NEW RELEASE: Report of the Minnesota Attorney General’s Advisory Task Force on Expanding the Economic Security of Women
(3.8.22) Women in Minnesota continue to experience barriers and challenges to economic security and prosperity despite their critical role in our society, families, and economy. In general, they are paid less than men, are overrepresented in low-paying jobs, take on the majority of unpaid caregiving and housework, and are more likely to live in poverty.
In February 2021, Gender Justice Advocacy Director Erin Maye Quade was selected to be the co-chair of Attorney General Keith Ellison’s 2-year Task Force on Women’s Economic Security.
On International Women’s Day – March 8, 2022 – Erin joined AG Ellison and the rest of the Task Force on Facebook Live to unveil our report.
Through the Attorney General’s Task Force, we have gained a more thorough understanding of the specific economic issues women in our state – especially Black, Indigenous, Asian and Latina women and femmes – have continued to face as we work to achieve economic security and mobility, including:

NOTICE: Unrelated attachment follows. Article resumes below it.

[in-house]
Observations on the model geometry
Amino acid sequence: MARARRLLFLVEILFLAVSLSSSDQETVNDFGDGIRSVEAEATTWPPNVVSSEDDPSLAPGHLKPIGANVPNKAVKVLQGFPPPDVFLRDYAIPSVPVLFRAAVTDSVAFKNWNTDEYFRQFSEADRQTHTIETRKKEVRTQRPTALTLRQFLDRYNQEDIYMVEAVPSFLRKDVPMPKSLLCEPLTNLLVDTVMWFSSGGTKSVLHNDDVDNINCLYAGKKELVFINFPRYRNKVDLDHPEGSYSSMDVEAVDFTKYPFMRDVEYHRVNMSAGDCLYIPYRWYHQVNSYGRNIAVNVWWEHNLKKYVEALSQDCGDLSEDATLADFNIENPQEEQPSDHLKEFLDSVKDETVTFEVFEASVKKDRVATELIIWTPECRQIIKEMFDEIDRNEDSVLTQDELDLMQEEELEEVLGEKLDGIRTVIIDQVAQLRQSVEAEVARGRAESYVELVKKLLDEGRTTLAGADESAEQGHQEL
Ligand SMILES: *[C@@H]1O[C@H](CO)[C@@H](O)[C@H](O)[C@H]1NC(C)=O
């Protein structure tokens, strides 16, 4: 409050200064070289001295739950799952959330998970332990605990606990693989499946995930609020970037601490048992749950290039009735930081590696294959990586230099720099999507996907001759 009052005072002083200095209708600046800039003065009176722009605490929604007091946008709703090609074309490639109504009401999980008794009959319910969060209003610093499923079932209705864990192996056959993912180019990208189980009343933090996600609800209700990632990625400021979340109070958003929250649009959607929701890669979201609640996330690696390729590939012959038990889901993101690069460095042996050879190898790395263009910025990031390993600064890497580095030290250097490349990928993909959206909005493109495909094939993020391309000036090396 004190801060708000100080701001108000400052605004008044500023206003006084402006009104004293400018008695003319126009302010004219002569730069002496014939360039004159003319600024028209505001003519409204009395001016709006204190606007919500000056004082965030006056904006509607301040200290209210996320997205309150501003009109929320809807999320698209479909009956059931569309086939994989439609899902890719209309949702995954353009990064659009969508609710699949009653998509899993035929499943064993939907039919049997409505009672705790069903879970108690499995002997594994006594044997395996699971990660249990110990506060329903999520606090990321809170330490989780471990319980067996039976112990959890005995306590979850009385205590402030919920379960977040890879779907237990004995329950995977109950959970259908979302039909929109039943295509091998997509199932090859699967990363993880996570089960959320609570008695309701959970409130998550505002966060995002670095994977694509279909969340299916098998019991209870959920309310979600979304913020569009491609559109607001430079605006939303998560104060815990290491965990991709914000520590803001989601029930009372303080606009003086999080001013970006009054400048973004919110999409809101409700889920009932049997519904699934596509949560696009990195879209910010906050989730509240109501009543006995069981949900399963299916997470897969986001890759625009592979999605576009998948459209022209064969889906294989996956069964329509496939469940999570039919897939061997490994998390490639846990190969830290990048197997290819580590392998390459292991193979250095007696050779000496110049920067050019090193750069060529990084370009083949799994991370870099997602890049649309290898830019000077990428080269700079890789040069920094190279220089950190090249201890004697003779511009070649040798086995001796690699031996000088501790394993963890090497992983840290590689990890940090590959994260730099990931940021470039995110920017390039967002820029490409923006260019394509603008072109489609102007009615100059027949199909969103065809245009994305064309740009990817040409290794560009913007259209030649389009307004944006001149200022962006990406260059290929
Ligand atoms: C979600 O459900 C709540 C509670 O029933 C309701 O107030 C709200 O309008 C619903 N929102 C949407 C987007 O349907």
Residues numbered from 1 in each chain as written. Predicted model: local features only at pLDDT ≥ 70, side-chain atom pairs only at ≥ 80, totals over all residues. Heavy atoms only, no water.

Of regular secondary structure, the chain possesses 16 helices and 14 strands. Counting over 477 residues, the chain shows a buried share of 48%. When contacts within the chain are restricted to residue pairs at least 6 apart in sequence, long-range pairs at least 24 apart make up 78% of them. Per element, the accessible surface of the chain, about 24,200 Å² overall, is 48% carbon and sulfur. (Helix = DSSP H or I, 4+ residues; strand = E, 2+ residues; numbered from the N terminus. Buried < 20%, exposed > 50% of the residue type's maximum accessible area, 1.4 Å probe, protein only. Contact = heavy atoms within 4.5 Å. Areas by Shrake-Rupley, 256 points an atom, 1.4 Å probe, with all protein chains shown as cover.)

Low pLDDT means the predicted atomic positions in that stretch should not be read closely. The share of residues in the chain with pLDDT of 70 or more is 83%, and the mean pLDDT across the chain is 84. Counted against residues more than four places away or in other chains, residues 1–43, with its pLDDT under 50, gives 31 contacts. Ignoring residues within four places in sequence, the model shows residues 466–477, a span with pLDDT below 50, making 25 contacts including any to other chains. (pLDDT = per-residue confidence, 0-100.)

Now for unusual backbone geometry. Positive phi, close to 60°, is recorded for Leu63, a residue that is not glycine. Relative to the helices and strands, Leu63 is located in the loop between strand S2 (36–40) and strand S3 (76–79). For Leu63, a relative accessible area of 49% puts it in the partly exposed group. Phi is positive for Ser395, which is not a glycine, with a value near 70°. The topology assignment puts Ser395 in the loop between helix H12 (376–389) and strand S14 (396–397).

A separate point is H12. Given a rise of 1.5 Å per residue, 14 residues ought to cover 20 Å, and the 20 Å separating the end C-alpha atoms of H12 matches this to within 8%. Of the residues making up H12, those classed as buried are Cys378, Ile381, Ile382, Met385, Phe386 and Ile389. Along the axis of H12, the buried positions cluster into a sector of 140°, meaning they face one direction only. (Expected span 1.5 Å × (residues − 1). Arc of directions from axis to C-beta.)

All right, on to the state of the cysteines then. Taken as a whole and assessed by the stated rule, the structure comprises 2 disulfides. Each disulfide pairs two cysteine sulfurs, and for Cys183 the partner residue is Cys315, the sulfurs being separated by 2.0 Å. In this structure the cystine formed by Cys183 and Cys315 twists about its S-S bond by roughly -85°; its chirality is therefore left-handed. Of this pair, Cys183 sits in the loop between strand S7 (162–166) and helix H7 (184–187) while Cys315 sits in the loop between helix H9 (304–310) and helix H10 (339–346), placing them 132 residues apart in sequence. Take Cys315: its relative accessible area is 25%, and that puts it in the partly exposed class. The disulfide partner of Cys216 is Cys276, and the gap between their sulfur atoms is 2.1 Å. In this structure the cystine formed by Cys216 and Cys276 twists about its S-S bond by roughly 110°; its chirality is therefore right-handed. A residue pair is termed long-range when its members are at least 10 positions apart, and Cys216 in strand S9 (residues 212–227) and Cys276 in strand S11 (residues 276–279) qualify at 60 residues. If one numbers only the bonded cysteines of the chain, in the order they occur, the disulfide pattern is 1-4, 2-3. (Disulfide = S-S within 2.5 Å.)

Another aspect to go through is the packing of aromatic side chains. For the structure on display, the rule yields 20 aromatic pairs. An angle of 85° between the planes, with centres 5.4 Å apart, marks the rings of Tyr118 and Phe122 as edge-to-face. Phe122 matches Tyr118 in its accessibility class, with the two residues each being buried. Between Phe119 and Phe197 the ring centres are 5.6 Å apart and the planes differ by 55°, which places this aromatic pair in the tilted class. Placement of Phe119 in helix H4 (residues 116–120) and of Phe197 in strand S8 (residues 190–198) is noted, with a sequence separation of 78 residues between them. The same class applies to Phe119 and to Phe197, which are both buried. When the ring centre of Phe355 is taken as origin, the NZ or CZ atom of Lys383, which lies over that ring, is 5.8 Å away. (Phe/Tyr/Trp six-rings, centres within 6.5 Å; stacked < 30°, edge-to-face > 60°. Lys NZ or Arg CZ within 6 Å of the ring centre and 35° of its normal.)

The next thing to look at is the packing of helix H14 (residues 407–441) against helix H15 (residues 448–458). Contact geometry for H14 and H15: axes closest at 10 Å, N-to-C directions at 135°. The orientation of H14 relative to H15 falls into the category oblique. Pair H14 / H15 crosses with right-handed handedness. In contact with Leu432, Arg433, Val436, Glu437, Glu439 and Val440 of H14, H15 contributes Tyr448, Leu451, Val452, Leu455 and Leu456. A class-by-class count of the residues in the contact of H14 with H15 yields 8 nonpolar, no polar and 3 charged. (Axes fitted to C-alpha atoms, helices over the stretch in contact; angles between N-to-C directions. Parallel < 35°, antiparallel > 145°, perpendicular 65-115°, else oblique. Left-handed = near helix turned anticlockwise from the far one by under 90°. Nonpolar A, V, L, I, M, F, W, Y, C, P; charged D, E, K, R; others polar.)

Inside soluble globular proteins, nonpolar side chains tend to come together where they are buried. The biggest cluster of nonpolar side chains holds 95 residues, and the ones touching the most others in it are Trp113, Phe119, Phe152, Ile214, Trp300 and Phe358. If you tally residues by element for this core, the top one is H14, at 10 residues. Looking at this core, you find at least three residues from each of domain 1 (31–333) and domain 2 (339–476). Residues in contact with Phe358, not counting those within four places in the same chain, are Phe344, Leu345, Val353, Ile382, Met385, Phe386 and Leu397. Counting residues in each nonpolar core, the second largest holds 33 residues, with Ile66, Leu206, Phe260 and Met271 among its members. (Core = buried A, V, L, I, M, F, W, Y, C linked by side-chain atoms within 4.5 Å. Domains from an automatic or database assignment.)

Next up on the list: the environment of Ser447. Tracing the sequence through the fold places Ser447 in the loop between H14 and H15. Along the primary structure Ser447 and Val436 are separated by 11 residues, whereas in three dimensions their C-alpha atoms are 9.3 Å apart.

- the structural, cultural, and organizational barriers that prevent gender equity in the workplace;
- the legal and regulatory barriers that limit women’s equal participation in the economy;
- the the extent intersectional impact of race, ethnicity, and gender discrimination on the ability of BIPOC’s ability to achieve economic security;
- and the socio-economic impact of the COVID-19 pandemic on women of color.
Plainly, this means we’re digging into issues like affordable child care and caregiving, equal pay barriers and the wage gap, the impacts of systemic racism, Reproductive Justice, and more.
Gender Justice is a leader in Minnesota when it comes to women’s economic security. In 2014, we helped pass the landmark Women’s Economic Security Act (WESA). This Task Force is the continuation of that work as we identify and address the particular barriers holding women back as we make day-to-day decisions about work, money, family, and our dreams.
Children and caretaking are not seen in this country—one of only a few wealthy nations—as a public good. This is the root of why we don’t pay childcare workers a lot: we don’t value people who have children, we don’t value the time it takes to raise healthy children, we don’t create systems to care, educate, feed, be in community with children and leave it up to people to figure it out with a patchwork system.
– Erin Maye Quade, Gender Justice Advocacy Director